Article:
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Real Kashmir brave ordeal, down Chennai City FC in Durand opener

The story of Real Kashmir Football Club (RKFC) continues to play out as a riveting drama in real life. It is a tale of a group of men for whom hunger, heart and desire mean more than everyday pre-match pep talk.

“We are used to this. If we were fazed by everything that happens, we wouldn’t have been able to come this far,” said Real Kashmir co-owner Sandeep Chattoo after hugs with his support staff following the 1-0 win against Chennai City FC in their Durand Cup opener at Kalyani Stadium on Wednesday.

Chattoo was referring to the communication lockdown back home and the state of siege within Jammu and Kashmir following the central government’s decision to repeal Article 370.

“We are all very sad with whatever is happening in Kashmir. Iraq won the Asian Cup (2007) under difficult circumstances, so such a situation can also motivate you,” said Akbar Nawas, coach of Chennai City FC (CCFC), who played with 10 men after goalkeeper Phurba Lachenpa was shown the red card for handling the ball outside the penalty area in the 76th minute.

“We are a very difficult team to beat because we play with so much heart and soul. The early signs are good,” said Real Kashmir’s Scottish coach Dave Robertson, looking ahead to 2019-20.

“He (Robertson) had told us to forget everything when we get on the pitch,” said Danish Farooq, who scored the 90th minute long-ranger against the I-League champions. Chennai City lost 0-1 to Real Kashmir twice in the last I-League. “This goal is for my teammates and the owners who are working so hard to keep this team.”

Farooq is a footballer’s son. His performance in the 2018-19 I-League, where on a shoestring budget Real Kashmir finished third on debut, had him being called ‘Kashmiri Ronaldo’. The jury though is out on who is more of an Adonis in studs.

Farooq, 23, grew up playing football in the time of strife. On Wednesday, the attacking midfielder played as striker on a wet pitch fringed by tall trees on one end and a lake behind the goal on the other. “Football teaches you to deal with adversity,” he said at the post-match media conference.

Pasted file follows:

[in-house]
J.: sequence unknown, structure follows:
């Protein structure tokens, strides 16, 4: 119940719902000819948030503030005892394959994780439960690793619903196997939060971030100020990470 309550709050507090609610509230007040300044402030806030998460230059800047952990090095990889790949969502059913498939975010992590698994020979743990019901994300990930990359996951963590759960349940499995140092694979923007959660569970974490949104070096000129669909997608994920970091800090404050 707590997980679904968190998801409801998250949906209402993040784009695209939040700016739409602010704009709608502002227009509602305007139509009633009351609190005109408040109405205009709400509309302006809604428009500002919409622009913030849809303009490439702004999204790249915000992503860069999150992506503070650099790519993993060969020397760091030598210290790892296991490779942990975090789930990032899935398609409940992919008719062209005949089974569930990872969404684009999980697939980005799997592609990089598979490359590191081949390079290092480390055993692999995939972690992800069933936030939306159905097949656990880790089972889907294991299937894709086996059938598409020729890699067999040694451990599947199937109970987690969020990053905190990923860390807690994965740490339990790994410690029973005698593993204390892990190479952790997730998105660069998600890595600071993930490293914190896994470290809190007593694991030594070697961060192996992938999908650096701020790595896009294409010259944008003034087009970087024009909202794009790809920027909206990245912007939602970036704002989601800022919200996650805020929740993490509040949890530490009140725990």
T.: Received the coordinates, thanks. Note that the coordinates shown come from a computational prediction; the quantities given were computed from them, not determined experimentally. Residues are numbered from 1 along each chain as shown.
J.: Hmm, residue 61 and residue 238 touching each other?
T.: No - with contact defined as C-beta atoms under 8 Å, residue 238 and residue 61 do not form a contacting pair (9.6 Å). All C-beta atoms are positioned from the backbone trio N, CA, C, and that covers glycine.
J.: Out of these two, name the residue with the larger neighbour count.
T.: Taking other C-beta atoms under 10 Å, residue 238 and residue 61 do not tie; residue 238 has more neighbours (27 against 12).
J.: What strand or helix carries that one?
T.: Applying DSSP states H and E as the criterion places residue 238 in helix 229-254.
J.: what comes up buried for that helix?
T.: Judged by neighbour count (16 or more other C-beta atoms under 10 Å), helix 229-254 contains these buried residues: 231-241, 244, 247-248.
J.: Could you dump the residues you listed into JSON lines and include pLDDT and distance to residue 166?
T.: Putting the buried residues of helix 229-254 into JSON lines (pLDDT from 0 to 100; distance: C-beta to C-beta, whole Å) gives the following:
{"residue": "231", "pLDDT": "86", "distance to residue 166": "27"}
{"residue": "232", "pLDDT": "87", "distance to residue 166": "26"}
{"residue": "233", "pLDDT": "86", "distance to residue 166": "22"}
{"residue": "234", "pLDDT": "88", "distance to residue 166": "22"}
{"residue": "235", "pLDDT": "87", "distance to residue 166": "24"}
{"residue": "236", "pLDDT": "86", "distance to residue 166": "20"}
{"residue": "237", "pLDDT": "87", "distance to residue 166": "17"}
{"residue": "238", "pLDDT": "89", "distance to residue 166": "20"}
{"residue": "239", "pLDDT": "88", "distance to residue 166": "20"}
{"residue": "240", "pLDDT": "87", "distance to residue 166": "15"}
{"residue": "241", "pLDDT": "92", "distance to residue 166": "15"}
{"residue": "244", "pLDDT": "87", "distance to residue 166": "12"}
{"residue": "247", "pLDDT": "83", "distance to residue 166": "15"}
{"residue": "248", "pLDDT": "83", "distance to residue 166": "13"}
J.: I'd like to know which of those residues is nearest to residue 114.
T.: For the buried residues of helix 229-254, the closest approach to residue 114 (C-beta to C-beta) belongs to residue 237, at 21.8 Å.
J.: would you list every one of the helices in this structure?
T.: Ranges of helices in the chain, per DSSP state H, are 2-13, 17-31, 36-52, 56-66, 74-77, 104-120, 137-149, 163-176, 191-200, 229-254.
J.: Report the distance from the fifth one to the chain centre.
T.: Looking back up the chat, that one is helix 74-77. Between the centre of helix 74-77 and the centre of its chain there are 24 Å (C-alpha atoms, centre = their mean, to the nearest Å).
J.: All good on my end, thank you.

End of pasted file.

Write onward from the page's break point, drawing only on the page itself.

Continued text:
Real Kashmir assembled in Kalyani, around 56km from Kolkata, for the first time this season. The foreigners, players and staff, arrived on Saturday. “We hadn’t seen each other for three months and some of us travelled from Europe and Africa. Some reached around 10pm but those who had come earlier were waiting up. There were hugs, laughter, renewing of old friendships,” said Robertson.

Five players from Srinagar, including Farooq, and one from Jammu joined on Monday night. With phones not working, Chattoo said he had a tough time organising their travel and that of the support staff who are from the state. The rest of the Indian players got to Kalyani over the weekend.

Chennai City, who have an all-Indian team comprising mostly reserves, trained for 12-13 days, said Nawas. The only practice session Real Kashmir got was on Tuesday. “Our pre-season really started today,” said Farooq.

“(Central defender) Loveday Okechukwu jogged for the first time on Tuesday, and today he played for 90 minutes. No fitness, no planning, we won the game with hunger and desire. When the legs went, the heart took over. It was an incredible performance,” said Robertson.

For all his sangfroid, even Chattoo said this was special. Like his players from Jammu and Kashmir, Chattoo said he has not been able to contact staff at the hotel he owns in Srinagar nor those working in his other businesses. He said he wants Real Kashmir to train outside the state for at least a month, and has reached out to teams in other cities who have offered to host them.

“We want to play our I-League home games in Srinagar. We can ask AIFF to schedule our home games for later,” said Chattoo.


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